On the way home, Kan-Turaly decided to rest. Have chosen a suitable place. The young man fell asleep. Seljan-khatun, the bride of Kan-Turaly, fearing insidiousness from her father, put on armor and began to watch the road while the groom slept. Her fears were justified. The ruler of Trebizond decided to return his daughter and sent a large detachment after Kan-Turaly. Seljan-khatun quickly woke the groom, and they entered the battle, during which she lost sight of Kan-Turaly. The girl found him on foot and wounded in the eye. The gore blinded him. Together they rushed to the giaours and exterminated everyone. At the end of the battle, Seljan-Khatun planted a wounded groom on the horse and set off on her way. On the road, Kan-Turaly, fearing to disgrace myself by the fact that he was saved thanks to the help of a woman, decided to crack down on Seljah Khatun. She, offended by the attack of the bridegroom, I accepted the fight and almost killed him. Then reconciliation took place. Kan-Turaly realized that he had found the girl he wanted. Again they played a wedding.

Once the enemy attacked the Oguzes. The stanovishche migrated. In the turmoil, the baby Aruz-koji was dropped. He was picked up by a lioness and nurtured. After a while the Oguzes returned to their parking lot. Tabunshchik said that every day from the reed thickets appears some creature that walks like a man, strikes horses and sucks blood. Aruz recognized his missing son in it, took him home, but he kept going to the lion’s den. Finally Dede-Korkut inspired him that he was a man and he should be with people, ride horses, and gave him the name of Basat.

Another time, when the Oguzes migrated to the ice, the shepherd Aruz met several peri at the source, caught one of them, met with her, after which the peri flew away, informing the shepherd that he came in a year and took her “pledge” from her. A year later, when the Oguzes again arrived on the ice, the shepherd found a bright, shiny pile at that source. Priletelapery, called the shepherd, gave him his “pledge” and added: “You brought death on Oguzes.”

The shepherd began throwing stones at the heap. But with every blow it grew. At the source appeared Oghuz Beks led by Bayyndyr Khan. The jigits began to beat the heap. But she was growing up. Finally, Aruz-koja touched her spurs, she burst, and out of it came a boy with one eye on his head. Aruz took this boy, brought him home. They invited several wet-nurses, but all of them he ruined: “Once he pulled on his breast, took all the milk, to a drop, pulled again, took all the blood from her, pulled it for the third time, took her soul.” Then they began to feed him with sheep’s milk. He grew up quickly and began to attack children. As Aruz did not punish him, nothing helped. Finally drove Depegeza out of the house.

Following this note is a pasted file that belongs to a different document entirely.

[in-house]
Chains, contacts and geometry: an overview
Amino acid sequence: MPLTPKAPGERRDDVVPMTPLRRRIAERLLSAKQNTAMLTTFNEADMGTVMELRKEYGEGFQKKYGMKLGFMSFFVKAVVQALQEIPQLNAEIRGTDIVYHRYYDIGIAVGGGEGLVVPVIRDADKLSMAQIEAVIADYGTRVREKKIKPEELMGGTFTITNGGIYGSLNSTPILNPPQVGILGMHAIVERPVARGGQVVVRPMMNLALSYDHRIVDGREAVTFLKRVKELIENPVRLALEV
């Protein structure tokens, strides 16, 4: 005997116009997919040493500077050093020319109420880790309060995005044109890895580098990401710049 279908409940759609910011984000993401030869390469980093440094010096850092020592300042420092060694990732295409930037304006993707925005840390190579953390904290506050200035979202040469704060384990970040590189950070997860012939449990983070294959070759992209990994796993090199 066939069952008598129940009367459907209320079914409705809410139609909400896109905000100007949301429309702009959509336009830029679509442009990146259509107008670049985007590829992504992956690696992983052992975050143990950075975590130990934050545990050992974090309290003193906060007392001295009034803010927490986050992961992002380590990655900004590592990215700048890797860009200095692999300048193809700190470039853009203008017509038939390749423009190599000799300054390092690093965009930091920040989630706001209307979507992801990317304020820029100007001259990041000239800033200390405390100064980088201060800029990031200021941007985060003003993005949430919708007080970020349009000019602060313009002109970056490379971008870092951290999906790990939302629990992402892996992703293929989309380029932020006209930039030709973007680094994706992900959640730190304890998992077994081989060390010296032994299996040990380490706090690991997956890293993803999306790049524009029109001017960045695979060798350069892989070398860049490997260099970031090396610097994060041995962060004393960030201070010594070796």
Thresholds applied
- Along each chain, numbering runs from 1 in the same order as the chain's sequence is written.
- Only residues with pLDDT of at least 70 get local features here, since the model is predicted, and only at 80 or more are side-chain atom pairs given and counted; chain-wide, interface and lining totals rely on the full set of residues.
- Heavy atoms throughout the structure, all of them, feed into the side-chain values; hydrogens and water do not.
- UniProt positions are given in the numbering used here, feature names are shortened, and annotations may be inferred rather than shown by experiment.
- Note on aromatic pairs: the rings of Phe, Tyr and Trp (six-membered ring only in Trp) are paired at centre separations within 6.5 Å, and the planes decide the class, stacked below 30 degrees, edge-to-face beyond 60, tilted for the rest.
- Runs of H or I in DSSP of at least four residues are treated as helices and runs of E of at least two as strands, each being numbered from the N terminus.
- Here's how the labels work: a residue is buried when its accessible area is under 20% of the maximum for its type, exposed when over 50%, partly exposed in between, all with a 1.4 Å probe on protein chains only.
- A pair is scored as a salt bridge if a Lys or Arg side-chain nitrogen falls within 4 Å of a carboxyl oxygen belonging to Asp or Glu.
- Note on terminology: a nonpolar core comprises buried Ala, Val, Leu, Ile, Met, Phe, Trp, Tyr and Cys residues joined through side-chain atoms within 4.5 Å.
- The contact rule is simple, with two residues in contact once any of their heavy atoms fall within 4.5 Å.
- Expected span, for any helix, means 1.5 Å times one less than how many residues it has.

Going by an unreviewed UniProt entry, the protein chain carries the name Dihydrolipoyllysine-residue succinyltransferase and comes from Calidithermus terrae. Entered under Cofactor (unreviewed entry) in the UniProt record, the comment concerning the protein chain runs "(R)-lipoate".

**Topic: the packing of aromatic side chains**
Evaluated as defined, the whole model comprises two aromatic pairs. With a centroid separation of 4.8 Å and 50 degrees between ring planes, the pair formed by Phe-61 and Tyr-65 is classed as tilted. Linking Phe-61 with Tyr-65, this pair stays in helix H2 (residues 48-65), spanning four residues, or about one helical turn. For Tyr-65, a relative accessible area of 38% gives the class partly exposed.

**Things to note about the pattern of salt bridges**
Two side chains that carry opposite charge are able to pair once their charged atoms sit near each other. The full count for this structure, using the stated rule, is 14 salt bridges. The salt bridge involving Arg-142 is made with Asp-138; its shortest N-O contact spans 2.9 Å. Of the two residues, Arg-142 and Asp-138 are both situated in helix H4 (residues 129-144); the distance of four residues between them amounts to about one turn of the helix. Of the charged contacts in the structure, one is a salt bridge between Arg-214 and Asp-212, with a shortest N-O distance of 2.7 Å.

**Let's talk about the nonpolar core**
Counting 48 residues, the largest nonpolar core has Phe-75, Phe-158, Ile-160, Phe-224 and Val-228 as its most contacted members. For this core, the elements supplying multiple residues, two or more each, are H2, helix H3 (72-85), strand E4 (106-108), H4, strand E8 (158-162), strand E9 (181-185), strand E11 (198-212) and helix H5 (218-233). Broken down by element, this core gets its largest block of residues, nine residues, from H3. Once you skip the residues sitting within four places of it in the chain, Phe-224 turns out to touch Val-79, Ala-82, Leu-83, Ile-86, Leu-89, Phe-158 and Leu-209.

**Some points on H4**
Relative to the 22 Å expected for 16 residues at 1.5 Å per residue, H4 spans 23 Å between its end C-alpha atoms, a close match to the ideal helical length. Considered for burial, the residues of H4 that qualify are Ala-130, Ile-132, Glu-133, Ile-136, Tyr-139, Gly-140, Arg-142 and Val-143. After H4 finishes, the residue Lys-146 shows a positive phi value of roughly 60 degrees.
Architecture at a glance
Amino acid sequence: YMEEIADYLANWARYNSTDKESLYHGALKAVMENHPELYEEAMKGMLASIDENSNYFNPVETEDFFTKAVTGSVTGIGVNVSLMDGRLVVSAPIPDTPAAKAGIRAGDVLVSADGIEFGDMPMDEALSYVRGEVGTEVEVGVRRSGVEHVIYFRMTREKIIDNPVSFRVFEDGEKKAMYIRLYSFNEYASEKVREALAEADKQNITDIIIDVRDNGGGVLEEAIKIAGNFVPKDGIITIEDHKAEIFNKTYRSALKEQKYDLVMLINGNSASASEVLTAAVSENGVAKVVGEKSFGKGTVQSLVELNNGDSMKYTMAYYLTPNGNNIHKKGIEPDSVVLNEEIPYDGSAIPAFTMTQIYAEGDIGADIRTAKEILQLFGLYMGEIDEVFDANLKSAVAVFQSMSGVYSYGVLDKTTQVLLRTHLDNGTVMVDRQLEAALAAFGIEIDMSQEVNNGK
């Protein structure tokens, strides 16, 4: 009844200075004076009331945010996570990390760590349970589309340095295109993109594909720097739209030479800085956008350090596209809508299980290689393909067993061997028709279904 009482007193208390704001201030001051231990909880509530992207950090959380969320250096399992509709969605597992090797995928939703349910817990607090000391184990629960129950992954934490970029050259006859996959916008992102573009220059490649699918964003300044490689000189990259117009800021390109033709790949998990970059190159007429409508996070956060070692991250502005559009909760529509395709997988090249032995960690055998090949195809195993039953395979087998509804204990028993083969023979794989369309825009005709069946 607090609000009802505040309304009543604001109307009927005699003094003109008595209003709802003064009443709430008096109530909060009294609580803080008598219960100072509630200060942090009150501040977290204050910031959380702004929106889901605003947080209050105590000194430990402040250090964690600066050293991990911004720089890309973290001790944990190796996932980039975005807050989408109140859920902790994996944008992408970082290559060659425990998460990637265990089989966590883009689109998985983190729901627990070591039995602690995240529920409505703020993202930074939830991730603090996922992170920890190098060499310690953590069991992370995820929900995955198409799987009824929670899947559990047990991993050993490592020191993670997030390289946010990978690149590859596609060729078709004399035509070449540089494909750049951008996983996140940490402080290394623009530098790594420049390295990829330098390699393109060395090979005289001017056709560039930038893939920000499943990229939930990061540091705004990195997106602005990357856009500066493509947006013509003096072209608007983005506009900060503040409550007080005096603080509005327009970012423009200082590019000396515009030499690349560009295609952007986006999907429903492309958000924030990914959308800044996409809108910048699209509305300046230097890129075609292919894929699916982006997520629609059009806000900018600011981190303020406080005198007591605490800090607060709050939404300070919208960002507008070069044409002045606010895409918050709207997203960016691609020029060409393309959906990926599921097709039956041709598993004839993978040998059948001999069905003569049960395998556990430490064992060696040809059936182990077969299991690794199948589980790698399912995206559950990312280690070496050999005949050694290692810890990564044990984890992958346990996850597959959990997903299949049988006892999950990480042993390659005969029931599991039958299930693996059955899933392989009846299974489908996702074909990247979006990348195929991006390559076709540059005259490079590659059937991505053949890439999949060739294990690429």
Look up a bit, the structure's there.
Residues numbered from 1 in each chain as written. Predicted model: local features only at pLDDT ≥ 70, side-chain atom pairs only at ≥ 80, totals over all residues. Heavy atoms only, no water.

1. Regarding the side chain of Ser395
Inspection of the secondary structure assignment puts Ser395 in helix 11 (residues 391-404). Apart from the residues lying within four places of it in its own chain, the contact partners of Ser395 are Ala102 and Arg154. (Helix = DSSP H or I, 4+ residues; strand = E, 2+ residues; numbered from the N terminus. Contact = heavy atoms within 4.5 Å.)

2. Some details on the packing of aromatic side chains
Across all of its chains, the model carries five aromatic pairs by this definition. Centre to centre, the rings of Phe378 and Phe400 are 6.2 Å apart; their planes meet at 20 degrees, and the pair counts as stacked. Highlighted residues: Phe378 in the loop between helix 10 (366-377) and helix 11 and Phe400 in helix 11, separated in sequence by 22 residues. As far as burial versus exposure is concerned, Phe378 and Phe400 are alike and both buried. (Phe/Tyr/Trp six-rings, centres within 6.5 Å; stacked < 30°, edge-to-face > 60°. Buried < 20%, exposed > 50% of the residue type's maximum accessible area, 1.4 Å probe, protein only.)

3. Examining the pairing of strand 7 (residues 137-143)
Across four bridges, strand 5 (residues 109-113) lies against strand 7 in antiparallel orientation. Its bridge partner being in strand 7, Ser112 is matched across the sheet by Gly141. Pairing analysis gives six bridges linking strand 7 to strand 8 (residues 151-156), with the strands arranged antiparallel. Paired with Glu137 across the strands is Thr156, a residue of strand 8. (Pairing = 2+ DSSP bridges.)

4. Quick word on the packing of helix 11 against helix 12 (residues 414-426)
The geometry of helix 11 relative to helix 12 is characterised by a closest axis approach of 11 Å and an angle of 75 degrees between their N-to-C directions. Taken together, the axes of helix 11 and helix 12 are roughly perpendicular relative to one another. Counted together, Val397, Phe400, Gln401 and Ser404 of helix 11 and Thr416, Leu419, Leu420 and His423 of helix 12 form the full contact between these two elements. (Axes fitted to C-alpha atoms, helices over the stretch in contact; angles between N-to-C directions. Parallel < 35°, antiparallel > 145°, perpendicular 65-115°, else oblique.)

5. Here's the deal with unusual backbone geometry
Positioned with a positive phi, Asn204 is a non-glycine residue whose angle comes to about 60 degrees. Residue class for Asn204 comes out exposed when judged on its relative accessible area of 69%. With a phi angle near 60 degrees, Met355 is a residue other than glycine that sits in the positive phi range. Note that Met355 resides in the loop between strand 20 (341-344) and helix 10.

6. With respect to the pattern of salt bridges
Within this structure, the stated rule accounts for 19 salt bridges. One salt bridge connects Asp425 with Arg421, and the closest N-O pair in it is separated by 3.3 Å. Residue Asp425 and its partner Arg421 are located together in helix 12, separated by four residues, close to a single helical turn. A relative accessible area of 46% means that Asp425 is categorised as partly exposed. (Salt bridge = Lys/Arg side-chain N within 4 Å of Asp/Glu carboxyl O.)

A mother appeared, put a ring on his finger. Dyperes left the Oguz mill, climbed a high mountain and became a robber. He attacked the herd, devoured people and all. Nobody could compare with him. All prominent Oguz Beks, including the almighty Kazan, suffered defeat from him. Then they decided to send Dede-Korkuta to him for negotiations. Depegez demanded sixty people daily to be eaten. They agreed that the Oguzes would give him two men and five hundred sheep a day, and two cooks would be assigned to him, who would prepare food for him. Oguzes selected people alternately from each family. One old woman had two sons. One was taken, when the turn came to the second, she prayed. They advised her to turn to Basat, the son of Aruz-koji, who was famous as a hero. Basat agreed to join the fight with the man-eater, but at the first attempt to fight with him was seized, imprisoned in cave and handed over to cooks. When the cannibal slept, the cooks pointed to his only vulnerable point – his eye. Basat heated the spit and blinded Depegeza. Enraged cannibal to catch and punish the enemy, stood at the entrance of the cave; releasing rams, he checked each of them, but Basatu managed to get out of the cave in the skin of a ram. Deephege tried three more times to overcome the enemy (through the magic ring, the enchanted dome into which he placed Basata, and the magic sword), but in vain. Finally, Basat killed the cannibal with his own magic sword. Basat heated the spit and blinded Depegeza. Enraged cannibal to catch and punish the enemy, stood at the entrance of the cave; releasing rams, he checked each of them, but Basatu managed to get out of the cave in the skin of a ram. Deephege tried three more times to overcome the enemy (through the magic ring, the enchanted dome into which he placed Basata, and the magic sword), but in vain. Finally, Basat killed the cannibal with his own magic sword. Basat heated the spit and blinded Depegeza. Enraged cannibal to catch and punish the enemy, stood at the entrance of the cave; releasing rams, he checked each of them, but Basatu managed to get out of the cave in the skin of a ram. Deephege tried three more times to overcome the enemy (through the magic ring, the enchanted dome into which he placed Basata, and the magic sword), but in vain. Finally, Basat killed the cannibal with his own magic sword.


Summary: The book of my grandfather Corkuta